Too much shame. Downward glances of innocent acquaintances tell me I should not have said suicide when they ask how my mother passed. They are uncomfortable, embarrassed for me or their own discomfort. Quotes in books and across computer screens lecture that suicide doesn’t end pain, it passes it on to everyone else. Selfish, selfish. The common phrase “committed suicide” is in itself an accusation: committed death like a murderer, like a cheater commits adultery. Guilty, guilty. Like no other injury or illness, we dole out a judgmental tsk in lieu of guidance and treatment. We hold sufferers accountable for a disorder they did not create. For all we share on social media- the sea of birth announcements, the pleading for prayers to comfort a loved one fighting cancers and natural disasters- I begin to notice the stark absence of acknowledgment for those fighting depression, anxiety, trauma and mental injury. I cannot find a mention of prayers for a friend as he battles suicidal thoughts. I shared no statuses bold and open saying “My mom is not well. Her mind is killing her”. Was it because, however subtly, I’d been conditioned to think I’d embarrass you? We’ve become unwittingly complicit in a social scene that tells us mental illness is best kept private. Hush, hush. And in doing so we send a damaging message which reiterates the most deadly symptom of depression: that we will not accept mental illness as we’ve accepted all other ails, as symptoms which simply need to be treated. It is too much to ask a person whose psyche is betraying him to use that very mind to fix what’s broken. It is not enough to sit idly and hope she can see past the destructive lies of depression, to find her own way to light when she is blinded by dark. No, not enough, when we can be the light guiding towards safety, a hand to keep steady someone floundering while we help them seek help. We can be the truth if we want to be, said raucously to drown out depression’s deceptions that there is no relief or peace here, no other cure but death.
There is no such thing as too much truth. It’s best spoken too loudly and too often. Mama, you are much too quiet now so let me speak with this voice you gave me until it overwhelms the silence.
You are beloved, a giver of life and advice and calm. You are grace and comfort who needed grace and comfort. You are a loyal daughter, a bossy big sister, a doting friend. You are big piles of yarn and two able hands knitting shawls, weaving prayers into each stitch to cover the hurting shoulders around you. You are hurting, too. You are mountain-quaking laughter and deep, wise tears. You are so much stronger than you know. You are splashing in cold ocean water like a child. You are the writer of words that move minds and heal hearts. You are tricked into believing your pain is our burden. You are something to behold, beauty glowing from the inside out. You are Mimi and more than those two tiny syllables can contain, you are fun and wild and gentle and love personified in your grandbabies’ world. You are never alone. You are singing new notes into old, dusty hymns. You are worth saving. You are proud, bright clothes, eccentric and brilliant, a walking party to liven up any room. You are staring amazed at us like we are the strangest, sweetest strokes of good luck. And do you know we are staring back at you, always, always, just the same? You are not defined by mental illness. It is a speck on the back corner of the great masterpiece that is your life. You are too much more, but you are much too quiet now. The hardest truth that didn’t have to be: you are gone.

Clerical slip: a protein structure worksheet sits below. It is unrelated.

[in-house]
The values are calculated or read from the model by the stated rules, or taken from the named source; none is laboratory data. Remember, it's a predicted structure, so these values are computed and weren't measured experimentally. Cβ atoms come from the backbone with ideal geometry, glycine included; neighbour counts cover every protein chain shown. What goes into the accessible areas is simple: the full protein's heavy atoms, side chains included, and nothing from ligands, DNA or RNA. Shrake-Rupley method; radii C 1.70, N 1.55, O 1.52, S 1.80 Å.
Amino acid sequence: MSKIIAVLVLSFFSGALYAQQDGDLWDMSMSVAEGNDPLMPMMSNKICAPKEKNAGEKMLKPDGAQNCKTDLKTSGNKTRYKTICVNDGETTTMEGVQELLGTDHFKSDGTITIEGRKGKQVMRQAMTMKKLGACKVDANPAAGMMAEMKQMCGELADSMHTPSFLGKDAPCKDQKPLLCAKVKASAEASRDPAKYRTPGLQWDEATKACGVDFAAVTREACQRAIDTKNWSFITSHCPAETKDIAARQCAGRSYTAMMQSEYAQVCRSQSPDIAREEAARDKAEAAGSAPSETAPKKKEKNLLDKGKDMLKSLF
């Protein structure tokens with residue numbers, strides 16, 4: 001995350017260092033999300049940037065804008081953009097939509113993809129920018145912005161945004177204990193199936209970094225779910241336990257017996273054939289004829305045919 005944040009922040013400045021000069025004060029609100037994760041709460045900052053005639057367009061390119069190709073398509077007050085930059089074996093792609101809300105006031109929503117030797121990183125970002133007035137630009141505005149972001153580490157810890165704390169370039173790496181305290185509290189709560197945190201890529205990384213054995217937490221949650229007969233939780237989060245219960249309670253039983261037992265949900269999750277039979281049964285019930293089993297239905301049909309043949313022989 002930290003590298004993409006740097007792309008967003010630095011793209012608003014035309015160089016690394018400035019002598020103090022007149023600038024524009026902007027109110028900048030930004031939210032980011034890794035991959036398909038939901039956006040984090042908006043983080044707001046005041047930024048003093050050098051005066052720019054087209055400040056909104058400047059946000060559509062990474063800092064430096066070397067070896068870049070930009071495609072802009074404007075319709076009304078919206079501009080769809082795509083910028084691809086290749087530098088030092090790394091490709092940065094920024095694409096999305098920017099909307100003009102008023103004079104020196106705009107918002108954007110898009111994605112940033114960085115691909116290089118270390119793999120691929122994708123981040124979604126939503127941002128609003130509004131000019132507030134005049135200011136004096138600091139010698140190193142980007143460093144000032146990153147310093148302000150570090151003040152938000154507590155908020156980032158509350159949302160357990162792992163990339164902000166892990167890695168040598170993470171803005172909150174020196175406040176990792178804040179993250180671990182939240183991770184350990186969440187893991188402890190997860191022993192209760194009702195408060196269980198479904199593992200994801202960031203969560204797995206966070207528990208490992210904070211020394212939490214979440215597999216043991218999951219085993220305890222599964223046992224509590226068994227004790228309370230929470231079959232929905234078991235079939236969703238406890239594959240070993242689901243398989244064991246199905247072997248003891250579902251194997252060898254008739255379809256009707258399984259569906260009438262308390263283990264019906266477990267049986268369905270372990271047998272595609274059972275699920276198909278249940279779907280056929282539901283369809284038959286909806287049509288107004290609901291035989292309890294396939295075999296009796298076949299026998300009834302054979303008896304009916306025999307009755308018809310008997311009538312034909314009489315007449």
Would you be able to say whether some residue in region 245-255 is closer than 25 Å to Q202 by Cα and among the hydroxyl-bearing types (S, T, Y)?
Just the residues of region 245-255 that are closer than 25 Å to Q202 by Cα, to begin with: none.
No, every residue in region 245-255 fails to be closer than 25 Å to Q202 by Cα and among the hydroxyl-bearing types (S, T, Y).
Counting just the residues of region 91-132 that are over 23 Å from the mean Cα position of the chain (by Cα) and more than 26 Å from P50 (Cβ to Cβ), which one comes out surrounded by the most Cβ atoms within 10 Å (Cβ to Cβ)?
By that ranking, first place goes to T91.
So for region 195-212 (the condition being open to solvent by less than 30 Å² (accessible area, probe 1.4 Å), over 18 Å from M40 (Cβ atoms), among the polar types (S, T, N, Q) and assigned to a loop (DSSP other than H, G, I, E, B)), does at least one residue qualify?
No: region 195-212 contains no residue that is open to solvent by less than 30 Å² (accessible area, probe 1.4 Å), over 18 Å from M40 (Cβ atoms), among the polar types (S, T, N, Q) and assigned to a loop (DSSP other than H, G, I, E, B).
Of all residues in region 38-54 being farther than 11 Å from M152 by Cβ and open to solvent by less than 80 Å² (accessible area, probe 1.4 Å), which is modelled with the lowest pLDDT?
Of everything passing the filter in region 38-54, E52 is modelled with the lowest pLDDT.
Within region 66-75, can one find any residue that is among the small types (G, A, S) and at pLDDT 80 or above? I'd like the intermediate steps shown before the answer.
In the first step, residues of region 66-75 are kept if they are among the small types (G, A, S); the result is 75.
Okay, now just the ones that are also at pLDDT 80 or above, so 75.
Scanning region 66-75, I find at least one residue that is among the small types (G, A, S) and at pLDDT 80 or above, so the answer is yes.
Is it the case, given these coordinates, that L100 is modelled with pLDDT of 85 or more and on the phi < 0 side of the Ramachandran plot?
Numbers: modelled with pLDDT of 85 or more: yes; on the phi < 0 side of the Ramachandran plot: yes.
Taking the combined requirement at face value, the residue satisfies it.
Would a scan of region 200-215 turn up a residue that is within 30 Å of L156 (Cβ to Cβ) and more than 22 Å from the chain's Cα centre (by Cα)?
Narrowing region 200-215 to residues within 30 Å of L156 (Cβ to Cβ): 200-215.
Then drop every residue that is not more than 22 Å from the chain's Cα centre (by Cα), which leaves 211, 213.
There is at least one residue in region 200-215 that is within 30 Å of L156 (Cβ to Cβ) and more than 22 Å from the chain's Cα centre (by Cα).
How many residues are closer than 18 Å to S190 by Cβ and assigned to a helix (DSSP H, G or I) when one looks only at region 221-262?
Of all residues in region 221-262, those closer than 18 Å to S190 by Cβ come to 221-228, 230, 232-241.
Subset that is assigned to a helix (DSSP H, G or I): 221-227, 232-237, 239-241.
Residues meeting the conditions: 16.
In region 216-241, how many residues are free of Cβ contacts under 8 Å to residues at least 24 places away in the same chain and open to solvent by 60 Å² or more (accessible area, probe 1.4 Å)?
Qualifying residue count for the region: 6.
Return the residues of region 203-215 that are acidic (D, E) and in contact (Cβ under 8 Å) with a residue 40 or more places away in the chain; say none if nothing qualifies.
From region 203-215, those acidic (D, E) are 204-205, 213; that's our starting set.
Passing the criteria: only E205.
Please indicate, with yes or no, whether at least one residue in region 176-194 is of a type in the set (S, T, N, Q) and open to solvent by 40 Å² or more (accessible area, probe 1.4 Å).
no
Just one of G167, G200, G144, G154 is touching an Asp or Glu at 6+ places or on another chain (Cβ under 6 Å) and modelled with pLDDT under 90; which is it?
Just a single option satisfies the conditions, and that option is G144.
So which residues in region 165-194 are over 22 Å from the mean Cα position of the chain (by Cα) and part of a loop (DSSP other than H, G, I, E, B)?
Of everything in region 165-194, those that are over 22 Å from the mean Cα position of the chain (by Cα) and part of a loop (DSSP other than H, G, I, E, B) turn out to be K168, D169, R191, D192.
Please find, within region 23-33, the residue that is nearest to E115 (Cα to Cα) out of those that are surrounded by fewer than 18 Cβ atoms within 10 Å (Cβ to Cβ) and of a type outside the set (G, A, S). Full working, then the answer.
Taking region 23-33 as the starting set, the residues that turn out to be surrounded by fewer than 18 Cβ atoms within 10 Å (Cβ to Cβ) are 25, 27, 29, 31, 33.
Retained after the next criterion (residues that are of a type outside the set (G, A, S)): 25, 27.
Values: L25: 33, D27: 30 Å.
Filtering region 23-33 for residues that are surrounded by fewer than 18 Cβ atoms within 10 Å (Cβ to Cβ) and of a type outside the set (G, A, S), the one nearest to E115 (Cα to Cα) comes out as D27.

Every minute of every day since you’ve been gone we could condole so many alive and suffering instead of offering too-meager condolences over their too-soon graves. We can spread far and wide the truth that while mental illness feels like too much it is only a weight that we have the tools to move. Therapies, medications, rehabilitative programs, support: brick-by-brick this burden can be dismantled. And when it is, there waiting is an irreplaceable, healthy soul. It is priceless and shining still with a favorite color and a unique laugh and a story only it can tell and an irreplaceable pulse that this world desperately needs to breathe and heal, breathe and speak, breathe and live. Every minute of every day is a person doubting silently what I can guarantee as unshakable truth, too loudly and too often:
You are so much more than the curable illness that has plagued you.
You are not alone.
You are worthy of help and there is help for you.
YOU ARE TOO MUCH TO TOO MANY TO BE GONE.
In loving memory of our one & only Vicki
Cherished Mom, Daughter, Sister, Mimi & Friend
September 16, 1959 – September 10, 2014
In hopes of healing for every person suffering with mental illness today & in support of Suicide Prevention Month & World Suicide Prevention Day, September 10th.